Sponsored by Film London and Arts Council England, the program aims to support black-identifying animators living in the UK; selected artists will receive £2,500 each along with mentoring opportunities, development support, and advice, to create 1–3-minute animations that will premiere on the Film London website in Winter 2021.
Four artist animators have been selected as part of Film London and Arts Council England’s FLAMIN Animations, a new program of commissions for early-career black-identifying artist animators living in the UK. Selected artists receive £2,500 to create a new animation, together with mentoring opportunities, development support, and advice.
Part of FLAMIN (Film London Artists’ Moving Image Network), and Film London’s increased commitment to diversity, equality and inclusion, the program was launched to address and acknowledge the underrepresentation of black-identifying artists within the art, film, and animation industries.
The selected artists follow both non-traditional and traditional animation routes to making work, using and combining techniques ranging across photography, hand-drawn, collage and digital to explore identity and heritage, social structure and lived experience. Past works have included the creation of dream-like realities, fusing animation with experimental music, reflecting upon historical events, and simply capturing the everyday world around us.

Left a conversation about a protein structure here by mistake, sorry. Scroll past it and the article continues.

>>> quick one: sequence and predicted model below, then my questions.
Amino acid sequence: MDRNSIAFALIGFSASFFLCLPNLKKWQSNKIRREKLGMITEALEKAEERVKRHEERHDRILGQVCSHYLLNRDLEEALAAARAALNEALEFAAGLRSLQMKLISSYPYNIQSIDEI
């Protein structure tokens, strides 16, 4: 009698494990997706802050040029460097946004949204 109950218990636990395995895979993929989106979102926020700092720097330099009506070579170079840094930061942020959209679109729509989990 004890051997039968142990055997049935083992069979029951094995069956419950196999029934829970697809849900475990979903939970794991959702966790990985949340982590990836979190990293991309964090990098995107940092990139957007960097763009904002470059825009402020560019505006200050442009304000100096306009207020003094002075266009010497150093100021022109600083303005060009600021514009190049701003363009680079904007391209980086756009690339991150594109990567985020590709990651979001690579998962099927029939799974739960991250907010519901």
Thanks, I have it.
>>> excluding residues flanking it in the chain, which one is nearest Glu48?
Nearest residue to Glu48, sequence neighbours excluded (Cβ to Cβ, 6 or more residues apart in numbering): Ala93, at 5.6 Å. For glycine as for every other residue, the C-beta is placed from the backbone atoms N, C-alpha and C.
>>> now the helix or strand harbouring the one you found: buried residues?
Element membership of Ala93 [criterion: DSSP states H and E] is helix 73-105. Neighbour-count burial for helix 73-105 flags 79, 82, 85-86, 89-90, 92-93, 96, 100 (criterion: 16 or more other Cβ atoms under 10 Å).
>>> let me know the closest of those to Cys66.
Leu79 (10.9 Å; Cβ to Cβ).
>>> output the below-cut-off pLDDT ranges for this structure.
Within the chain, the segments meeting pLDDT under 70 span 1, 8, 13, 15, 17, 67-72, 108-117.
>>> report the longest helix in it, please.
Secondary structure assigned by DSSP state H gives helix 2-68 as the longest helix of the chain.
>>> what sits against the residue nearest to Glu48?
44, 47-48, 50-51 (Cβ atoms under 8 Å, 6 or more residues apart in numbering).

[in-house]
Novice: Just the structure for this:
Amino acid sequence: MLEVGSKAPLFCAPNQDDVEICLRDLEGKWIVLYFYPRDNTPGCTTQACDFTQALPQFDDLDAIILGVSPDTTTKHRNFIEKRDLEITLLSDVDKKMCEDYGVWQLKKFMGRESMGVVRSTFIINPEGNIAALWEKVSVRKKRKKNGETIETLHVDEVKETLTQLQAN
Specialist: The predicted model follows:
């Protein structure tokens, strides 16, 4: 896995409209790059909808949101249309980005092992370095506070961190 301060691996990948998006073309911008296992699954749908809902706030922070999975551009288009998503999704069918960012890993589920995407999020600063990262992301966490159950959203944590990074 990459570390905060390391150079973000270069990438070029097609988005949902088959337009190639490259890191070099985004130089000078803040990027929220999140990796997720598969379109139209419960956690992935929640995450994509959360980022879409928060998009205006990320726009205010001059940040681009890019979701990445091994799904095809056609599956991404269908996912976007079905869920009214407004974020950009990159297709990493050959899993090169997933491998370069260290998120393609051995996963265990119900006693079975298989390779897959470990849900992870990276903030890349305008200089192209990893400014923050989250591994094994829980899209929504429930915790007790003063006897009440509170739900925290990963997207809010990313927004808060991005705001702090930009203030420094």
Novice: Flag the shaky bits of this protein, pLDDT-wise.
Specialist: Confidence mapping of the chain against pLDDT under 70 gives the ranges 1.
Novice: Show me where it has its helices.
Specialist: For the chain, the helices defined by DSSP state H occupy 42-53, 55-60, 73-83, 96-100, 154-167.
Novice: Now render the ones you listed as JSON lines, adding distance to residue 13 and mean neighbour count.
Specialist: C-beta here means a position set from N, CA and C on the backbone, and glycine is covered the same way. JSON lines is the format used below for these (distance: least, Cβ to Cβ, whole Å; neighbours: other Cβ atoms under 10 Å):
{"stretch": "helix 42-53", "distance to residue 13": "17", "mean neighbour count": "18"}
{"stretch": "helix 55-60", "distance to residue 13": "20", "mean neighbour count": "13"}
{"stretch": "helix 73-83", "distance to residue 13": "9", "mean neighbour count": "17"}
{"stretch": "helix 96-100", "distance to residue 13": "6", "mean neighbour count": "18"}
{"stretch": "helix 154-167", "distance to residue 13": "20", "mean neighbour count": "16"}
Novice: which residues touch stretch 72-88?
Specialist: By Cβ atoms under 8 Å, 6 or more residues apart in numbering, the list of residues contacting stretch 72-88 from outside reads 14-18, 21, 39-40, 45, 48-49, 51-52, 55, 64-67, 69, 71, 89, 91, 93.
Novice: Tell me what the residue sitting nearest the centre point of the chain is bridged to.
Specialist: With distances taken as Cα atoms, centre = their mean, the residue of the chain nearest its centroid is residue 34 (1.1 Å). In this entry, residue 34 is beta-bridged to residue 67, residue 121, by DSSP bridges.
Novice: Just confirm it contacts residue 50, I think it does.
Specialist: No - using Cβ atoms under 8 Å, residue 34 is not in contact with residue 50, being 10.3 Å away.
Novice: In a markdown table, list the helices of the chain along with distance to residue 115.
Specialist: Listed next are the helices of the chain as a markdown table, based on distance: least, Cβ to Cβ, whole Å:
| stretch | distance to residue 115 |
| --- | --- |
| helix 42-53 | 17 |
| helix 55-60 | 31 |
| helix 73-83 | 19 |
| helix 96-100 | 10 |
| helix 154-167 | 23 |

The four artist animators selected for FLAMIN Animations are:
- Toby Cato
- Mothy Muyobo
- Ezra Myers
- Zainab Sanyang
Learn more about the artists here.
The four new animation commissions will premiere on the Film London website in Winter 2021; the artist animators will also receive support in gaining further exposure for their work.
“We’re delighted to announce the four artist animators selected for the first-ever FLAMIN Animations program,” remarked Adrian Wootton, OBE, Chief Executive of Film London and the British Film Commission. “Toby, Mothy, Ezra and Zainab brilliantly explore crucial issues through bold and innovative work, and we look forward to showcasing the content they create later this year. This program is a considered acknowledgement of the underrepresentation of black-identifying artists within the art, film, and animation industries and we hope that it creates a network of next-generation artists - not only for those commissioned, but for all who applied - spotlighting the incredible skills the country has to offer within the ever-growing animation sector.”
Source: Film London